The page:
Outlook: Little is changed for the defending Rolex 24 polesitting entry, with Siedler having delivered the top spot in miserable conditions last year. Like many others in class, this is a good lineup, with few flaws to pinpoint other than pretty horrid luck at the Rolex 24. Since the IMSA merger in 2014, the No. 73 car has finished 13th, 16th and 17th in class, and that’s killed its season-long title hopes.

No. 991 The Racer’s Group
Car: Porsche 911 GT3 R
Drivers: Wolf Henzler, Jan Heylen, Mike Hedlund, Santiago Creel, Tim Pappas
Roar Time: 1:47.389 (8)

Outlook: There’s something right about Buckler, TRG and Porsche back together at Daytona once again, even if the number is 991 rather than the traditional 66 as it was when the team scored its famous overall win in 2003. As it is, Buckler’s propensity for assembling good lineups is on display once again, with factory ace Henzler – a past TRG veteran – leading a five-driver entry.

No. 14 Lexus RC F GT3. Photo courtesy of IMSA
No. 14 Lexus RC F GT3. Photo courtesy of IMSA

No. 14 3GT Racing
Car: Lexus RC F GT3
Drivers: Scott Pruett, Sage Karam, Ian James, Gustavo Menezes
Roar Time: 1:48.196 (24)

Outlook: Many things to note here. One is the all-pro lineup featuring so-called “Super Silvers” in Pruett and James, even though they’re the experienced veterans compared to youngsters Karam and Menezes, the latter of whom is fresh off an FIA WEC LMP2 title and an LMP1 test. The team name and car are completely new, and the last time Paul Gentilozzi ran a GT program, it was the less-than-storybook run with the Jaguar XKR effort in the ALMS GT days. Taken on paper the individual pieces of this entry are all very good, but the collective gelling of all pieces will take time to properly blossom. A finish must be the first goal, with anything beyond that a good bonus.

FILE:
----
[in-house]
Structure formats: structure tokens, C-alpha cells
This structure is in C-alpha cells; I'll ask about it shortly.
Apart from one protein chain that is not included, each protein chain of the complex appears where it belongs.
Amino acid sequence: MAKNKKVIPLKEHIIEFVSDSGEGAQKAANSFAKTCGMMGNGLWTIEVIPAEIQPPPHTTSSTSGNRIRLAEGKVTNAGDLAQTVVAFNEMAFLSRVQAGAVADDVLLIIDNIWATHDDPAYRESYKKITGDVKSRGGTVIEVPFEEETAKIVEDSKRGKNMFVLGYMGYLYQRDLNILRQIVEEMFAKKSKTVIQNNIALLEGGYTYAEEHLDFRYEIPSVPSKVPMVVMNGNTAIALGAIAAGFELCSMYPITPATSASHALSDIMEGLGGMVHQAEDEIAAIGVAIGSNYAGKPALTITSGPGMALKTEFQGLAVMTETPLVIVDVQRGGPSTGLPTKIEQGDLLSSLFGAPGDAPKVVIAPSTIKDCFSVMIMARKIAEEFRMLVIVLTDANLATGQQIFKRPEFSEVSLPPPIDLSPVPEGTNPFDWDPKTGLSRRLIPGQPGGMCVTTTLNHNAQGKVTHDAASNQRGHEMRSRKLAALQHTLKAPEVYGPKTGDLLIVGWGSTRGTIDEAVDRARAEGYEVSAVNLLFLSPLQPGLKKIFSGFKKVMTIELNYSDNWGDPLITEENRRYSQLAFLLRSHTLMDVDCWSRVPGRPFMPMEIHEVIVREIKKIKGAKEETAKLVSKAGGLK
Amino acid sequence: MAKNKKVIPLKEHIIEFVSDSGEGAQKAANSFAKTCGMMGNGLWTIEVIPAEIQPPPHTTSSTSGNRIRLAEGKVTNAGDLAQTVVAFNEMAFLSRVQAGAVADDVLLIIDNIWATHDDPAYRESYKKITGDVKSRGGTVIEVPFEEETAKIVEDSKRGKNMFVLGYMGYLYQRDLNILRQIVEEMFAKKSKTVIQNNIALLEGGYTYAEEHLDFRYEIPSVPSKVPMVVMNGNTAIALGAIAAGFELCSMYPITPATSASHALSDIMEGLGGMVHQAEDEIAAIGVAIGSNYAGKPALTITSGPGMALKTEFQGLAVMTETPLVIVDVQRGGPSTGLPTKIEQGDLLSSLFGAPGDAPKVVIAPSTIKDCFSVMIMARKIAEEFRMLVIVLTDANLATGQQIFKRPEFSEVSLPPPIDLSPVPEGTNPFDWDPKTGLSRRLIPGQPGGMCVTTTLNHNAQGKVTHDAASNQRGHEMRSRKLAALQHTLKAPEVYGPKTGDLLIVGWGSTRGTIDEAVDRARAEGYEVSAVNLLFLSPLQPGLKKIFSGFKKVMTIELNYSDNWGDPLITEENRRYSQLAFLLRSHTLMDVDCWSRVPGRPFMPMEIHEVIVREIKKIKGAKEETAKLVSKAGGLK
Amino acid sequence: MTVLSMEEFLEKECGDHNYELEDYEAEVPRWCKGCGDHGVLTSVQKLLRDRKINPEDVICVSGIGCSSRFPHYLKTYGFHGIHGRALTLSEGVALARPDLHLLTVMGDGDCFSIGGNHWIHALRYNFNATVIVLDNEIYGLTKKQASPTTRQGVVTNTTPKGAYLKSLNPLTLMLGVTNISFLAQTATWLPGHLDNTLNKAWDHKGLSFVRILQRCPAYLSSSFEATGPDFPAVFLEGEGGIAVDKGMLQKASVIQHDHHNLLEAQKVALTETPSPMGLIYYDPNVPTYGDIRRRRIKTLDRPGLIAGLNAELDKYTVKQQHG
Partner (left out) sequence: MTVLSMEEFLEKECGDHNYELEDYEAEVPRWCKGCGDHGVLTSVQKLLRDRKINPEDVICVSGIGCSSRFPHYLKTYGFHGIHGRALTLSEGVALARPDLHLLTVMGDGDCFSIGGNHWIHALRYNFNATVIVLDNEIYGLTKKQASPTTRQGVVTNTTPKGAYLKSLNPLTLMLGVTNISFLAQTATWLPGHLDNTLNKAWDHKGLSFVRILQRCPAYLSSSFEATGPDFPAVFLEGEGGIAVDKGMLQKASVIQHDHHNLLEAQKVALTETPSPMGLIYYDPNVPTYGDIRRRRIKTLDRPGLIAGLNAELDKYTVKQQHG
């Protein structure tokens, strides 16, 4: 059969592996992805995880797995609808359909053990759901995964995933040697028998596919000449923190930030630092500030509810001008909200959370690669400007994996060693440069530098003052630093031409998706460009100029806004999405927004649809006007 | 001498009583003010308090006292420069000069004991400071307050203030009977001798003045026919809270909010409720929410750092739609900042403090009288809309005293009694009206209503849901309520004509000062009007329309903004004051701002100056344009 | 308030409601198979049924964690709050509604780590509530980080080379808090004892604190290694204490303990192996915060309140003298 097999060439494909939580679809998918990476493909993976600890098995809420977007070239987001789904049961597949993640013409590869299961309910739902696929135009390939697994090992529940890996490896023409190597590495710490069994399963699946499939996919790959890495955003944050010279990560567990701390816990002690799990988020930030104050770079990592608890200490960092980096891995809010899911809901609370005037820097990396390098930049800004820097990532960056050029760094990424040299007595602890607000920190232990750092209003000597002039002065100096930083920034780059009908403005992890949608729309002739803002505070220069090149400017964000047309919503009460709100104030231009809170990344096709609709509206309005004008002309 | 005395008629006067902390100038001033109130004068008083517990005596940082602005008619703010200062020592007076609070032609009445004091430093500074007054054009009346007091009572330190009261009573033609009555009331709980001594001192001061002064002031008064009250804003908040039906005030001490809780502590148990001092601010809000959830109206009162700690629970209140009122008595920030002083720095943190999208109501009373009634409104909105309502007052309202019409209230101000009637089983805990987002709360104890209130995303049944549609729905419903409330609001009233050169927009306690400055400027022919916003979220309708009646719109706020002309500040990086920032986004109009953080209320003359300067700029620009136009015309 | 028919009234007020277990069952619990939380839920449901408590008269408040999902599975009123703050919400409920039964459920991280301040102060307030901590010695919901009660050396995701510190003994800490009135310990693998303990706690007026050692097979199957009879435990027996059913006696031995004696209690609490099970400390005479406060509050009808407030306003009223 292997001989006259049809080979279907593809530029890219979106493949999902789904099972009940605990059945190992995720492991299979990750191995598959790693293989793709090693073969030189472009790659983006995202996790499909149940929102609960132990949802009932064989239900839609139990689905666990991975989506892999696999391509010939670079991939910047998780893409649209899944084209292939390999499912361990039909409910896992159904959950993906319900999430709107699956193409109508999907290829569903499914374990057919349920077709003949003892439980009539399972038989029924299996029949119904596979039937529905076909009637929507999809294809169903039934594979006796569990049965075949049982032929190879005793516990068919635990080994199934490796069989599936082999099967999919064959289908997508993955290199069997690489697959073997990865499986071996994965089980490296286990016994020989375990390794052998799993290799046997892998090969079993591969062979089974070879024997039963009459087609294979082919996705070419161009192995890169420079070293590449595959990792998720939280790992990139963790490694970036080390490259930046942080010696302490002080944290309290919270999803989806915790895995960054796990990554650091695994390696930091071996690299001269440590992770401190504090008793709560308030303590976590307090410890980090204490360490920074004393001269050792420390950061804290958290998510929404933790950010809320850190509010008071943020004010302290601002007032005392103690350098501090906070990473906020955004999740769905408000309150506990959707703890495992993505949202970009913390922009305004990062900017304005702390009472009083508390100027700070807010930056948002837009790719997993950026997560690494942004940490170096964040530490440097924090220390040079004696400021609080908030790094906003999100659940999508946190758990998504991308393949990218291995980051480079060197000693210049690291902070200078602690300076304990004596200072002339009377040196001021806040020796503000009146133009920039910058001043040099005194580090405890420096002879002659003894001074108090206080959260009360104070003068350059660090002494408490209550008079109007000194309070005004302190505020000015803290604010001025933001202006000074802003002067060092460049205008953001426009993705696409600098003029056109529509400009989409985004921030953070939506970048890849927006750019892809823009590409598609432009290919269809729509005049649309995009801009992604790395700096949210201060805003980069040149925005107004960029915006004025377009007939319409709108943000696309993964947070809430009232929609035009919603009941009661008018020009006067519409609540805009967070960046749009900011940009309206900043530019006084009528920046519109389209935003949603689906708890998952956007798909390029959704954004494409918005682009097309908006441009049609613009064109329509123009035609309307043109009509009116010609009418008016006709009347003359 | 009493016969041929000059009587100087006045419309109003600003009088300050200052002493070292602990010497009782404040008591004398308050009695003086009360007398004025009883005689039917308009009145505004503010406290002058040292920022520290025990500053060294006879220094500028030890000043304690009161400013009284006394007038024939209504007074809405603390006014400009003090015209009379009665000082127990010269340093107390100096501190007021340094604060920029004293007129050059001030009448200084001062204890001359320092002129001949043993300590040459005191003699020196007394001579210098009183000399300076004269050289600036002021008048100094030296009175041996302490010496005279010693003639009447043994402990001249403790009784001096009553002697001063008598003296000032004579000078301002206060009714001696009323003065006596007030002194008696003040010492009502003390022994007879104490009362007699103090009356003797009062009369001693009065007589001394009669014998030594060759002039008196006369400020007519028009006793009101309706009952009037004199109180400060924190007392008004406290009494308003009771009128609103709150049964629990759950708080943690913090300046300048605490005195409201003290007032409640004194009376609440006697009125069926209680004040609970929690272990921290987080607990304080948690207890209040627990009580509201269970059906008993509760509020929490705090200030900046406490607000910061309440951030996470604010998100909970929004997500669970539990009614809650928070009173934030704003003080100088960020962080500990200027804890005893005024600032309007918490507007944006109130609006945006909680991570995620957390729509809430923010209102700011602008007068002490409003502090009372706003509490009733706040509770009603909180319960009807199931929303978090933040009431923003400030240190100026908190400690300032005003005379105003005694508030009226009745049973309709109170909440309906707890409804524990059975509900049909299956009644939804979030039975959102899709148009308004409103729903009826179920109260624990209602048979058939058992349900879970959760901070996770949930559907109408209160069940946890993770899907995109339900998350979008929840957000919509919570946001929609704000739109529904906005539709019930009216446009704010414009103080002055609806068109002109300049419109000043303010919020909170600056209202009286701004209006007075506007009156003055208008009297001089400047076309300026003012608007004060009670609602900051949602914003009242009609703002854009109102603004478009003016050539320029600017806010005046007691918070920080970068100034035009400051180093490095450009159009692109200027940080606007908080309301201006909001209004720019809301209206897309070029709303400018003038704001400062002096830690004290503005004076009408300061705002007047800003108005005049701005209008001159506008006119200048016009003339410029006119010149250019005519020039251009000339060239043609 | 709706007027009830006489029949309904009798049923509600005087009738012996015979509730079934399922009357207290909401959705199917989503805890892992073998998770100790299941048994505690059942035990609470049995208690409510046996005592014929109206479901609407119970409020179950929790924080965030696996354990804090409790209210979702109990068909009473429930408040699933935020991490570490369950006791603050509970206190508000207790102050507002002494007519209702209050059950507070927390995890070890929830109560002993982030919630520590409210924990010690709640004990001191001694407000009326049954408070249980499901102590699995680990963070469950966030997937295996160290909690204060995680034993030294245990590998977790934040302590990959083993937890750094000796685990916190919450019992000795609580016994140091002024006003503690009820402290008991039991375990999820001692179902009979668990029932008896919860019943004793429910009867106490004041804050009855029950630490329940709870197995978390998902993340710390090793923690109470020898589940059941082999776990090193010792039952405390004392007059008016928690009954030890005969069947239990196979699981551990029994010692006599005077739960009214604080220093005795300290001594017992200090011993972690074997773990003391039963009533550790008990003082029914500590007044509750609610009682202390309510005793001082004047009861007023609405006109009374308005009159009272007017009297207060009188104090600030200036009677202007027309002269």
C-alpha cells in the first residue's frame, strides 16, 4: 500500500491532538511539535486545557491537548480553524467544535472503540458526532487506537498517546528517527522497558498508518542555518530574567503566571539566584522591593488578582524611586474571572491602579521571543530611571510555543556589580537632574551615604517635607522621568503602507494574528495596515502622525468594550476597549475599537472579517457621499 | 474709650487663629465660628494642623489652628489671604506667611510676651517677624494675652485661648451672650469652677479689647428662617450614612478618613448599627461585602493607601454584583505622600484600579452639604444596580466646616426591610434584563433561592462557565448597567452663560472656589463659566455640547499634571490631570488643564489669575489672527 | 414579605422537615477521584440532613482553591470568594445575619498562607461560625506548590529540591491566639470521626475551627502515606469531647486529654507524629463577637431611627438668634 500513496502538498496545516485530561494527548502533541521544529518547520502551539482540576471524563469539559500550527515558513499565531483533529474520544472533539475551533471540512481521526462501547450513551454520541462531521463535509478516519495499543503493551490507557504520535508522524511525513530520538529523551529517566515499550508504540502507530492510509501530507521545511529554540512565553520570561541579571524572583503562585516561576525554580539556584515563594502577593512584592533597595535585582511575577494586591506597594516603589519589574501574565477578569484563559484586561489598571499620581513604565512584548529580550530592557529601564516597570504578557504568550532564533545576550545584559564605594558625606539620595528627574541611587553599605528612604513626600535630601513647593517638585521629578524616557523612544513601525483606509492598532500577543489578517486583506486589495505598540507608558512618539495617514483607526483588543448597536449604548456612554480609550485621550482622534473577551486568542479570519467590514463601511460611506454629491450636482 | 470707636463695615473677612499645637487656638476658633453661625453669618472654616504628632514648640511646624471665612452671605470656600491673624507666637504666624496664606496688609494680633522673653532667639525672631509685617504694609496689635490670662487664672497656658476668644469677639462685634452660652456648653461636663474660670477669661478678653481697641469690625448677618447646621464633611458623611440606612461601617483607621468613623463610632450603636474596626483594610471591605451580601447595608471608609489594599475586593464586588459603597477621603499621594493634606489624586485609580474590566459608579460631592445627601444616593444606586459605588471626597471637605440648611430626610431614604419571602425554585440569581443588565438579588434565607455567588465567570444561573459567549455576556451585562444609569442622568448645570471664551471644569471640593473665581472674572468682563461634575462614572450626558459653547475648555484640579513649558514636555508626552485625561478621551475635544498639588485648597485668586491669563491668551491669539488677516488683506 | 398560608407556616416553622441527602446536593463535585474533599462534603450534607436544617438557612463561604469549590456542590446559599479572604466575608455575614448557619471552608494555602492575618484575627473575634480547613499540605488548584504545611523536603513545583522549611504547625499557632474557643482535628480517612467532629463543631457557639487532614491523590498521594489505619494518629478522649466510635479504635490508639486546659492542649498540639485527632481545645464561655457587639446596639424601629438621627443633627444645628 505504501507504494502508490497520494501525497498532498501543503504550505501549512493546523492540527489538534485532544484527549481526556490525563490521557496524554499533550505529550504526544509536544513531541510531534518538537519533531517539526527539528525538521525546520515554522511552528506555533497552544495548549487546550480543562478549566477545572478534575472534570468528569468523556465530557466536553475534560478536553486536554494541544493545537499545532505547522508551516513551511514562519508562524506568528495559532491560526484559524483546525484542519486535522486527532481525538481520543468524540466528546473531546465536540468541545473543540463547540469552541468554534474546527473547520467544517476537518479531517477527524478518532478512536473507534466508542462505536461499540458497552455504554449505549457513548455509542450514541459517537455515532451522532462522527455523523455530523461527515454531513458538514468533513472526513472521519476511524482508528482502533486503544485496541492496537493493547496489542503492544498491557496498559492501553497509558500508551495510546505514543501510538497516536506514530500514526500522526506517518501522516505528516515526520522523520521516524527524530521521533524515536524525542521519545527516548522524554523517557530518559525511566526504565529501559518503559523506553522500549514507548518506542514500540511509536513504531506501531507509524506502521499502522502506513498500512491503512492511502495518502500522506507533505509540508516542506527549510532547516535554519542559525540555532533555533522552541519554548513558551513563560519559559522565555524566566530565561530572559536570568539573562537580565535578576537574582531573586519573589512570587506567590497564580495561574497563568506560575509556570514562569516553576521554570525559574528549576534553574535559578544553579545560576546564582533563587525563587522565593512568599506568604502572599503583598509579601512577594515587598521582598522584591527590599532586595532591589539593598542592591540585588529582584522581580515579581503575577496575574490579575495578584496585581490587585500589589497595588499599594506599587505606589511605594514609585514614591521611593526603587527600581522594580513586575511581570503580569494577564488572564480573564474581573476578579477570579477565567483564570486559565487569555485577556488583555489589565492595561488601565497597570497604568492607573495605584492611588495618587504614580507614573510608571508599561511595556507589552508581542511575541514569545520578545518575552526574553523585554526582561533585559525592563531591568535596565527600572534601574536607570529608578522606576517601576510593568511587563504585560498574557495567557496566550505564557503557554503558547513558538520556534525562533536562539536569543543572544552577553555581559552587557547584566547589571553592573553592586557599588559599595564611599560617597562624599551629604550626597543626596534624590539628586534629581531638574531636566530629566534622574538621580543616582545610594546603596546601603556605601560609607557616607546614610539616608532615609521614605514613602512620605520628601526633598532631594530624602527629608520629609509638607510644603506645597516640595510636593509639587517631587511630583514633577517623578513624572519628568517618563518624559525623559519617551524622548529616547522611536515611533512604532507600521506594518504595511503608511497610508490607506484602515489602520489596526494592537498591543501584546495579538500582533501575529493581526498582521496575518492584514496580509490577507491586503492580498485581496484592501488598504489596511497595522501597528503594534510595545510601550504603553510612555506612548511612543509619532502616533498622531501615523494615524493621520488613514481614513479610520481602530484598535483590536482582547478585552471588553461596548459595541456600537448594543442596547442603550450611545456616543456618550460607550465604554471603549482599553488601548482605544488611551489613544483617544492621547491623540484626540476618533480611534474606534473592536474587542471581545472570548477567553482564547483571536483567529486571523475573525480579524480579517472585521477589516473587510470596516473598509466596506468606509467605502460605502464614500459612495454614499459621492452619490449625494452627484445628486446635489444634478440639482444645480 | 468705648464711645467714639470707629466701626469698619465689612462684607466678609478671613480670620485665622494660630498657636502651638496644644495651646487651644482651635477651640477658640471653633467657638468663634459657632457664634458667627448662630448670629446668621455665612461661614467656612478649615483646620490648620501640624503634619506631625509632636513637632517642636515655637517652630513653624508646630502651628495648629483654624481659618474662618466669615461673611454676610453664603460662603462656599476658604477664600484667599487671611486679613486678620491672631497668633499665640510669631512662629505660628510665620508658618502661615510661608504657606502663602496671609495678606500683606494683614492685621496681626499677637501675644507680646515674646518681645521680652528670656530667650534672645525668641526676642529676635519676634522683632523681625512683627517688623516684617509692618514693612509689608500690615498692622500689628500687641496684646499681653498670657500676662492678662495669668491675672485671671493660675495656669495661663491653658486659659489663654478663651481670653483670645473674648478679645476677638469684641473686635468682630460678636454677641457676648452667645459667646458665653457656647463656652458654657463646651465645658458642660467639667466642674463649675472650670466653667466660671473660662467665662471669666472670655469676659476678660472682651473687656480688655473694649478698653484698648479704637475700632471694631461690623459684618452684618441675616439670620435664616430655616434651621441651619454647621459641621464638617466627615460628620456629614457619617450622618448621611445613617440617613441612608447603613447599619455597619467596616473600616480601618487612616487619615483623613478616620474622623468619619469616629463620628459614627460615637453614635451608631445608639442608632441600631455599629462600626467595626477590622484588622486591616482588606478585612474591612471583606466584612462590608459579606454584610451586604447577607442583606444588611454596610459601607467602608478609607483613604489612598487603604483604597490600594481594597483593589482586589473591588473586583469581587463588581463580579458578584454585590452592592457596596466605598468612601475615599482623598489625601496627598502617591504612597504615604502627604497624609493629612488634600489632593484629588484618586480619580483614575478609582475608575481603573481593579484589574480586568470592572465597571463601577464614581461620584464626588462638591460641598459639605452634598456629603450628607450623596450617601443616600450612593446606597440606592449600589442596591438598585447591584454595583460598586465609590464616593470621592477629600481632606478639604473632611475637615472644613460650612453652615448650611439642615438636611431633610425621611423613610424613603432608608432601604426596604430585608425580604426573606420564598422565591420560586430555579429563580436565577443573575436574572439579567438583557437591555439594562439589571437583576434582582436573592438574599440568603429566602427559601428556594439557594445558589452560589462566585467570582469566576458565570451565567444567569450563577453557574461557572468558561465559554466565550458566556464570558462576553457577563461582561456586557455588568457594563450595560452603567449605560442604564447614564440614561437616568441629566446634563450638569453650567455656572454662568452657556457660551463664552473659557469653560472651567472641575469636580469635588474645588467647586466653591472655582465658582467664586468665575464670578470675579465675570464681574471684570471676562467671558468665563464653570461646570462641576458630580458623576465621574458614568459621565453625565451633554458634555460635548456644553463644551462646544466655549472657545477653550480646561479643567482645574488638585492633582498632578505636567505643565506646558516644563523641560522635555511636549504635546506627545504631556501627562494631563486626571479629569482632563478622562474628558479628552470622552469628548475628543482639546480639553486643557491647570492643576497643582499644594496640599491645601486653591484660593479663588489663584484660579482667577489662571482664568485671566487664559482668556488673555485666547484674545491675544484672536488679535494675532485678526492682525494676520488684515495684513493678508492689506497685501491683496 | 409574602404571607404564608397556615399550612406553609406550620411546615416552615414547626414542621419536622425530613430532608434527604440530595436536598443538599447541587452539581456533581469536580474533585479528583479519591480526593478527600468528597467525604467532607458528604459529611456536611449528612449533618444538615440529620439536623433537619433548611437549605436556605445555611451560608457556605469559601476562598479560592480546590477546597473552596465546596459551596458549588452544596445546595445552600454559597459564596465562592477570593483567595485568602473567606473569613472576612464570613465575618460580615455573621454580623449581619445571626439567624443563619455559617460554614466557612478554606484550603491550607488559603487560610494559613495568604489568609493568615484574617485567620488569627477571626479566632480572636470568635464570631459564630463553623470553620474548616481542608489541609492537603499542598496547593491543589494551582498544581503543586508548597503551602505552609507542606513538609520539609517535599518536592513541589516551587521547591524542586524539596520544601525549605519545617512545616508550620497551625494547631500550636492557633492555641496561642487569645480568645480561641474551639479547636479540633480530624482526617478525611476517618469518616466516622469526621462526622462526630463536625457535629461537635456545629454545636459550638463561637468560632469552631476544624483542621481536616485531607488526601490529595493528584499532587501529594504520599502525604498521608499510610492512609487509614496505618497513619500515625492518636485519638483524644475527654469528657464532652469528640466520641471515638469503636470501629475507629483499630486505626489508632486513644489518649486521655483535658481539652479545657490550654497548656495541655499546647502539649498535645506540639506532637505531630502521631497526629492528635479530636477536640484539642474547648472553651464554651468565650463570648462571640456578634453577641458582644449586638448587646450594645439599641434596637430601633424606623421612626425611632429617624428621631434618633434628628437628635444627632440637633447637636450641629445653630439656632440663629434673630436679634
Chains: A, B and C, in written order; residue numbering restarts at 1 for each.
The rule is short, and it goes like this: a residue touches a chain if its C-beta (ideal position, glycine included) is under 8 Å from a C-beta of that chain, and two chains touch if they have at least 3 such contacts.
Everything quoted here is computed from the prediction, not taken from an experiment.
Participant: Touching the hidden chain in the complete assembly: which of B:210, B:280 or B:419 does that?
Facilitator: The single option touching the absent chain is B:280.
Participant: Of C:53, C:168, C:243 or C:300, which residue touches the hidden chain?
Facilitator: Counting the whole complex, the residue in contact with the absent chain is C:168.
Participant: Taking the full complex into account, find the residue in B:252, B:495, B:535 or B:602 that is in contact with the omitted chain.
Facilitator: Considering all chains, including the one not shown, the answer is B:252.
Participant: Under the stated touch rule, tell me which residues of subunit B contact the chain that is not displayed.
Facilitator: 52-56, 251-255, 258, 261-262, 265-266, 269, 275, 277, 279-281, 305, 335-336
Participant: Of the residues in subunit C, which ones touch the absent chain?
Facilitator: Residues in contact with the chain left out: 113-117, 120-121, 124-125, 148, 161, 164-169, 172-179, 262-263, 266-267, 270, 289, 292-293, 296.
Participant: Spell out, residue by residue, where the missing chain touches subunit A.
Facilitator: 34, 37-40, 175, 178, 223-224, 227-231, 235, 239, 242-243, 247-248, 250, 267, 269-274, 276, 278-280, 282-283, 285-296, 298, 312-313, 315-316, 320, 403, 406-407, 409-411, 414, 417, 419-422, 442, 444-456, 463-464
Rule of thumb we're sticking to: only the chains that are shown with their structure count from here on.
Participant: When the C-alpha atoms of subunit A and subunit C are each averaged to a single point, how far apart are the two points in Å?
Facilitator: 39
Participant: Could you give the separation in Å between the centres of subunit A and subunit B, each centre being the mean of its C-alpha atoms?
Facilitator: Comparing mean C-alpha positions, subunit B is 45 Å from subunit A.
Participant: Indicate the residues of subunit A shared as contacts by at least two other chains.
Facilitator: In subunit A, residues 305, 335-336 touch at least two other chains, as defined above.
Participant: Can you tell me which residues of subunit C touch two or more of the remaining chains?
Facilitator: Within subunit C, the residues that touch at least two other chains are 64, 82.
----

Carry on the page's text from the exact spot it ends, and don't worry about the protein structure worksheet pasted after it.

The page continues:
No. 15 3GT Racing
Car: Lexus RC F GT3
Drivers: Jack Hawksworth, Robert Alon, Austin Cindric, Dominik Farnbacher
Roar Time: 1:47.975 (21)

Outlook: Whereas the No. 14 Lexus is high on sports car experience, this one is higher on youth and potential. Farnbacher’s only 32 but is the most experienced member of this quartet; the others, Hawksworth, Alon and Cindric, are 25, 26 and 18, respectively, and the trio have really only dabbled in sports car racing prior to now. Add in the new car and new team bits and you have the recipe for a car that will succeed by surprising, with a lower bar to eclipse than others in this field.

No. 93 Acura NSX GT3. Photo courtesy of IMSA
No. 93 Acura NSX GT3. Photo courtesy of IMSA

No. 86 Michael Shank Racing
Car: Acura NSX GT3
Drivers: Jeff Segal, Ozz Negri, Tom Dyer, Ryan Hunter-Reay
Roar Time: 1:48.131 (23)